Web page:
Category Archives: Reviews
The new Iron Man movie is fun, cheeky, and has a lot of twists. The writers had a lot of fun with the characters as they all turn their character archetypes upside down. You have:
- A hero (Iron Man/Tony Stark)
- A damsel in distress / love interest (Pepper Potts)
- A supervillain (The Mandarin)
- A cute kid
I don’t want to spoil the movie so I’ll just say this: all these characters have some surprises in store for you. The trailers for Iron Man 3 are a little misleading since they portray the movie as being your typical summer blockbuster. The movie takes your blockbuster movie formula and puts a cheeky twist on all the elements you expect to be in an action flick. The movie is low on anything intellectual and is thankfully the opposite of Ang Lee’s take on Hulk.
This is the second best Iron Man movie
The reason why I would put this movie in the middle of the pack is because I didn’t really feel for the characters. This movie has a heart full of shrapnel that’s barely kept going with an arc reactor. It doesn’t quite have that movie magic which makes the audience connect with the characters.
Overall, I enjoyed this movie and would recommend it.
Magic: The Gathering Duels of the Planeswalkers 2013 is basically the computerized “arcade” version of the collectible card game.
It’s a pretty good game if you’re into strategy/puzzle games, though not without its quirks and its flaws. Duels of the Planeswalkers (DOTP) is like a “best of” overview of paper-based Magic. You have the best mechanisms that have come up in Magic’s history without the worst stuff the game has come up with (e.g. games where you can’t do anything and slowly watch yourself die). The core of DOTP involves a campaign where you face a computer AI. The computer plays a wide range of decks with very different strategies. You have to figure out which deck to use against the AI and how best to play your cards. Should you be aggressive and try to end the game early, or will prolonging the game improve your chances of winning? Do you want less creatures on the battlefield or more creatures on the battlefield? These are all questions that you have to figure out.
The difficulty of the campaign was pretty well designed as I did not feel that I got stuck at any point in the campaign. I lost a lot on the hardest difficulty but didn’t feel frustrated. All of the AI’s decks have bad matchups so you don’t need to bash your head against a wall and get lucky to win.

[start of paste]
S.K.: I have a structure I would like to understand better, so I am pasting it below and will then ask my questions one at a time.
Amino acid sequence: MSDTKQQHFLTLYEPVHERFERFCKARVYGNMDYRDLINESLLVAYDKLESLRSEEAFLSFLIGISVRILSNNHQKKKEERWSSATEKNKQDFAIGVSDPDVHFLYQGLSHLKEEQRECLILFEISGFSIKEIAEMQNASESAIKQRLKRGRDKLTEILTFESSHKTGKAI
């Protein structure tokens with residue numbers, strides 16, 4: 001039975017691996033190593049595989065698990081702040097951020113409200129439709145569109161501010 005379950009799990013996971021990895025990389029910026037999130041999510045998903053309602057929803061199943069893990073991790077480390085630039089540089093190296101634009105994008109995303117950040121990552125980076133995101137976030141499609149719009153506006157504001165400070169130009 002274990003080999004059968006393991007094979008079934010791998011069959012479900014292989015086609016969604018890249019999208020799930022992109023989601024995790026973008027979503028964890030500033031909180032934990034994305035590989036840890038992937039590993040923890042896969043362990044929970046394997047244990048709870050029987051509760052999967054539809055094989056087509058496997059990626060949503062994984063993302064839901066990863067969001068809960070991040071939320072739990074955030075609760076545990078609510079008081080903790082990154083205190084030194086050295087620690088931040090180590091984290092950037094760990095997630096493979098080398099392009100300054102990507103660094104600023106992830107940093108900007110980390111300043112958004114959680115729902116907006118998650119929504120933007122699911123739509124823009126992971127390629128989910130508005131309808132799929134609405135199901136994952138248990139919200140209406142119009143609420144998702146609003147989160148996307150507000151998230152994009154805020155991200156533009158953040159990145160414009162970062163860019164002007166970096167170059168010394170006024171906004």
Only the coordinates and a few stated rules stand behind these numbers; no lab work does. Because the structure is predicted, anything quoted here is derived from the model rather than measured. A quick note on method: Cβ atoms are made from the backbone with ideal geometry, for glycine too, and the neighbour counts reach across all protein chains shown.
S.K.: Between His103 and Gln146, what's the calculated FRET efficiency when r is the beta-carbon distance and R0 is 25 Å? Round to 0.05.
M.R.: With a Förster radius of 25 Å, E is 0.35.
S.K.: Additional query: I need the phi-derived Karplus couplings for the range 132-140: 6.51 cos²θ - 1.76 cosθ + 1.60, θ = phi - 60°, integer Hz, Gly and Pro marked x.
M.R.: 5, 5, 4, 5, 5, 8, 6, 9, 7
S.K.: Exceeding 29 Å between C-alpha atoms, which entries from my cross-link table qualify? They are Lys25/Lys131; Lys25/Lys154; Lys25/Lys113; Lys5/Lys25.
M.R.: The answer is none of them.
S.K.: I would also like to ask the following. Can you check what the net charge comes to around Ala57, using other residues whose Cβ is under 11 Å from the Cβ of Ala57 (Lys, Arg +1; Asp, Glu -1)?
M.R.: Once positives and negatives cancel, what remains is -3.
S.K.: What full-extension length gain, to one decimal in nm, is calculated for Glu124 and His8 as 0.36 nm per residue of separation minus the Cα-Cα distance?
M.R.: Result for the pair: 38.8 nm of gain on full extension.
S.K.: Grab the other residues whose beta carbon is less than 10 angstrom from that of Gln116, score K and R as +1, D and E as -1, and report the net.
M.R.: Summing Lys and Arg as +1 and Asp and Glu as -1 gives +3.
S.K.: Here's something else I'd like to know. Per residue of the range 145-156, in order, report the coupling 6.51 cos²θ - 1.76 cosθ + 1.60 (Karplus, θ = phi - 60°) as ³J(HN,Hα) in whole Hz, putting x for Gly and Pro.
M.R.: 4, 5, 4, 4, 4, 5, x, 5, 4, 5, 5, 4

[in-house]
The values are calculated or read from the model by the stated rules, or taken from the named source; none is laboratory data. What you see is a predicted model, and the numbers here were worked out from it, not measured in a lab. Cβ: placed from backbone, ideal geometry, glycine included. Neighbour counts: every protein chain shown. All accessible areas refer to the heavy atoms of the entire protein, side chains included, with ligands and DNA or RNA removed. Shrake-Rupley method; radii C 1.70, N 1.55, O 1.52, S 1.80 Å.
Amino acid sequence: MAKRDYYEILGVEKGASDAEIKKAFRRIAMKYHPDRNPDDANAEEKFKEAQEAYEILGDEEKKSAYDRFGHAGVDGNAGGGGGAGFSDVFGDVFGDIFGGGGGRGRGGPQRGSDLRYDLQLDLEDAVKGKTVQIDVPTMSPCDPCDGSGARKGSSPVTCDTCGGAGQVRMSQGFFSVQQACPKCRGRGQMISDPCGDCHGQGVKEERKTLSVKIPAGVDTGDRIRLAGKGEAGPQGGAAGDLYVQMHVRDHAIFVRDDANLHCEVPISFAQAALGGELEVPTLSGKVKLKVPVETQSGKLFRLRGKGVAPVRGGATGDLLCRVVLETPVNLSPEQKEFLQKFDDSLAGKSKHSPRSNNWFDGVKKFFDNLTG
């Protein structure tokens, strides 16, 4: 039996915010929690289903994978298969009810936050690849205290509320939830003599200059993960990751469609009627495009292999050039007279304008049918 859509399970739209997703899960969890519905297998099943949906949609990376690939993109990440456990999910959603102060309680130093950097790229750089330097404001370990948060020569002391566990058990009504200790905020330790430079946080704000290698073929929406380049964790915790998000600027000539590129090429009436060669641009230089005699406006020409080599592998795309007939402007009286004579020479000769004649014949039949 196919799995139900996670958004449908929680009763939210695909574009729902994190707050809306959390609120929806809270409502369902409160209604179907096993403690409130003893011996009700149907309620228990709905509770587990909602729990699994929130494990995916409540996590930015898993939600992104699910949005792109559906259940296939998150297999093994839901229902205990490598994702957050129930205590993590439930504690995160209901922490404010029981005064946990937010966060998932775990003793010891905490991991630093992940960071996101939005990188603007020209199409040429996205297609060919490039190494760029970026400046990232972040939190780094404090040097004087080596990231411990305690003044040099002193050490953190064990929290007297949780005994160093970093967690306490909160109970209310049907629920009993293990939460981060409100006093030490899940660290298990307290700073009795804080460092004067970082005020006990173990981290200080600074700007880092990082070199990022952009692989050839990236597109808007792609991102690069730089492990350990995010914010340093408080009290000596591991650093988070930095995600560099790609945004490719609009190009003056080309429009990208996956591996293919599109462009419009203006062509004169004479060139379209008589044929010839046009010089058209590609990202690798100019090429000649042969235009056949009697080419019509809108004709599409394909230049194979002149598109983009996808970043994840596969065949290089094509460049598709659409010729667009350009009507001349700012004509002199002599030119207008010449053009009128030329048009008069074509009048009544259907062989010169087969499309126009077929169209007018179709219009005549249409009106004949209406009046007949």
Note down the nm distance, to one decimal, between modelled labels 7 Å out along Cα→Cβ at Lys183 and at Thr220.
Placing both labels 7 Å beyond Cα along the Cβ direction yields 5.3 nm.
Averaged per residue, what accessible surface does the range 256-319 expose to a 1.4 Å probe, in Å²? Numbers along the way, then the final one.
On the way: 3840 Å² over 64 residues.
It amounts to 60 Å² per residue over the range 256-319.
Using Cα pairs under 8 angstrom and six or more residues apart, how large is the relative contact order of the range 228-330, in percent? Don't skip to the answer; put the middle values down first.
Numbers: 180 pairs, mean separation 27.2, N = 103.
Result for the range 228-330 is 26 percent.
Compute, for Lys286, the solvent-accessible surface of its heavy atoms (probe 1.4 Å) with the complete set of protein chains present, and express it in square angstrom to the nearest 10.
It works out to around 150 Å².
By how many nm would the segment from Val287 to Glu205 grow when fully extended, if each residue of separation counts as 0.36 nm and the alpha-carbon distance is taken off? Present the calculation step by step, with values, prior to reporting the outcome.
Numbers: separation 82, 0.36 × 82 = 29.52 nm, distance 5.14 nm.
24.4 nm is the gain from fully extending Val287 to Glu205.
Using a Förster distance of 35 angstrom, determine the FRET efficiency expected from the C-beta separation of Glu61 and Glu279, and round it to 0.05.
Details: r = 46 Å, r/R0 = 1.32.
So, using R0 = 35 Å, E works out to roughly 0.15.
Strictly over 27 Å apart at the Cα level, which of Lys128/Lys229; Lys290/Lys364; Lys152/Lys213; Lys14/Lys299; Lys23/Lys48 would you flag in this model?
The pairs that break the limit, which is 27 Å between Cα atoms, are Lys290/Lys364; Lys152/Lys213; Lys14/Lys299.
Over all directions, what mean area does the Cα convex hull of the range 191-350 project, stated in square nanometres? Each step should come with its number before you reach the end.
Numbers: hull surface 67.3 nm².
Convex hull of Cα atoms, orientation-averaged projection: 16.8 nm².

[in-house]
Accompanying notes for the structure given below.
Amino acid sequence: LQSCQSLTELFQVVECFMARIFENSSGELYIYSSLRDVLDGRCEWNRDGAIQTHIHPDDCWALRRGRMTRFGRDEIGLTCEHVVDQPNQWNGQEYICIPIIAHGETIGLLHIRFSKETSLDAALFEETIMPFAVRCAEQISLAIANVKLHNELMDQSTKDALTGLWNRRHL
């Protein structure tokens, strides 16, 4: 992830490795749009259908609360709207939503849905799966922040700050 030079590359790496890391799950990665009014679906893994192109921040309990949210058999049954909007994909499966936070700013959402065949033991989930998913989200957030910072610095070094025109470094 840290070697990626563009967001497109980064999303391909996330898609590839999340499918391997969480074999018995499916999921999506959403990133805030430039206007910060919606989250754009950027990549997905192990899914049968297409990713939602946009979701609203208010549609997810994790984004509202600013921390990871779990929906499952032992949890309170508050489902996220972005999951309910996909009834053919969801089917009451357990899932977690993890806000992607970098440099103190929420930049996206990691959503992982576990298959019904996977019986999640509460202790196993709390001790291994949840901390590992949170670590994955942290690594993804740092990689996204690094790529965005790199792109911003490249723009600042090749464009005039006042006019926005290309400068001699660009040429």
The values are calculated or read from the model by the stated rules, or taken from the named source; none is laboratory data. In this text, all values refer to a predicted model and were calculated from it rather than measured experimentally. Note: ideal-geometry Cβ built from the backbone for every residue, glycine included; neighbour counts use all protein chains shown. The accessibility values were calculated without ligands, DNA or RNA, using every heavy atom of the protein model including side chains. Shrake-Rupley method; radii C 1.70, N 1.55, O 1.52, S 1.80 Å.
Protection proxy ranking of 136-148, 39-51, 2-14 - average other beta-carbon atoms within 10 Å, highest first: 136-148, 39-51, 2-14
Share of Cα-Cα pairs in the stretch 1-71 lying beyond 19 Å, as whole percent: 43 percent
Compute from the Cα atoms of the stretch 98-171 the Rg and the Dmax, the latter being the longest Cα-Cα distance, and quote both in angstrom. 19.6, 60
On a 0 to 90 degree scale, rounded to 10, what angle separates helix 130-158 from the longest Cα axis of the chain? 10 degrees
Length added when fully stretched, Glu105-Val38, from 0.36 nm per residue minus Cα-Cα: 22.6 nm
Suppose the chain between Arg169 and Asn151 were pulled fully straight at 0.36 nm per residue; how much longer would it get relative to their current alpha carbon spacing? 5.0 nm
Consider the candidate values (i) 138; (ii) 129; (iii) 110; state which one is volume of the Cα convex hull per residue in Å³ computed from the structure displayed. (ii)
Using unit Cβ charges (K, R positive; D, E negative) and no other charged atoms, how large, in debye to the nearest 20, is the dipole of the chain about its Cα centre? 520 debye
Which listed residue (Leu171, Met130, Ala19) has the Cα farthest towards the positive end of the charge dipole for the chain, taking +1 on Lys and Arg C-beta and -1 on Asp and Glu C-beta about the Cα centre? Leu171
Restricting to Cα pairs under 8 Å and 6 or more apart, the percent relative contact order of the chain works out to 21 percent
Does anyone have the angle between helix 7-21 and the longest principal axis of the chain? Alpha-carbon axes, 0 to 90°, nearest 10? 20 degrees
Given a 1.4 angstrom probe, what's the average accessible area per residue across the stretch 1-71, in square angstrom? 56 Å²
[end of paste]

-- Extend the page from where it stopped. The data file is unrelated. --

Comparison with paper Magic
The benefit of the computer version is that you don’t wait for shuffling and the computer tracks numbers for you. The downside of DOTP is that sometimes the interface can be clunky. In the paper version, you skip over many steps and back up if your opponent wanted to do cast something during a skipped step. In the computer version, you can’t skip over these steps and have to spend a few seconds waiting on the opponent (or yourself). So, large swaths of the game are spent waiting for players to do nothing.
With the paper version of Magic, you get human interaction. This is both good and bad. Paper Magic is unfortunately a game that can lead to arguments over rules. Because paper Magic has over 10,000 cards… the rules have gotten quite complicated over the years. Here is an entire article devoted to the rules of one card (Humility). DOTP limits you to cards without complex rules and handles all the rules for you. For the most part this is a benefit, though there are instances where you can’t do something due to some odd rule or the ability of a card. It can be confusing when you can’t do something and you don’t know why.
The other benefit of DOTP is that it is cheap. You get at least 20 hours of gameplay for $10. One major problem with paper Magic is that it leads to a money vortex. Any tournament-level deck will cost at least a few hundred to several hundred dollars. Once you hit several hundred dollars (to several thousand) the playing field is fair. Unfortunately Wizards of the Coast figured out that enough people get sucked into the money vortex that they can charge what they charge. The vortex is really compelling and there is a huge temptation to spend money to get an advantage in a meaningless game. It brings out the competitiveness in people and pushes them to spend far too much money on cardboard crack. (Don’t do it!!!) For the most part, DOTP lets you enjoy the game without any of the potentially toxic elements of the paper version.
But of course there is a reason why Wizards of the Coast has been making DOTP. They want it to be a gateway drug to get more people into the expensive versions of Magic (digital and paper). DOTP is a very accessible way to get into Magic and to learn the rules.
I have very mixed feelings about DOTP. All of it has to do with it being a gateway drug into the other forms of Magic the Gathering.
If the other forms of Magic didn’t exist, this would be a pretty decent standalone game (with some annoyances).
FTL: Faster Than Light is a space RPG/strategy game where you have to fight through enemies and obstacles to reach your destination. It is RPG-esque because you upgrade your ship from the scrap of your enemies. And it is Rogue-like since you will likely fail multiple times until you figure out the strategies to winning this game. (Ok, so I’ve never actually played Rogue.) It’s mostly a strategy game because you need a very, very good strategy to win. The easy mode is not that easy. And if you’re an idiot like me, this seems like an action/strategy game like Starcraft (y’know, APM) until you realize that you can pause the game and issue commands.
I really enjoyed this game.
The basics of the game are simple yet the overall strategies are complex. (I believe that simple yet complex is the hallmark of a great game.) There are many different ways to lose and you have to master your resources and upgrades to avoid defeat. The game is open-ended and there are multiple paths to victory.
The game is pretty balanced and there isn’t one strategy that is horribly broken. Some strategies might seem really powerful in the beginning but will fail horribly in the later stages. You are forced to evolve your strategy.
I highly recommend this game if you’re into cute strategy games. It costs $10 on Steam… less if it’s on sale.
Hansel and Gretel is an unpretentious and tongue-in-cheek re-imagining of Grimm’s fairy tale. The siblings grow up to become badass bounty hunters and go around defeating witches with ridiculous guns and other outlandish weaponry.
This movie is stupid. Stupidly fun.
Badass bounty hunters? Hell yeah.
Automatic crossbows? Hell yeah.
Historical accuracy? Hell no.
It does not take itself seriously and is targeted towards adults with a sense of humour. The premise is silly and the film knows it. Even Gretel says in one point in the film: “You’ve got to be f***ing kidding me.”
Ignore the critics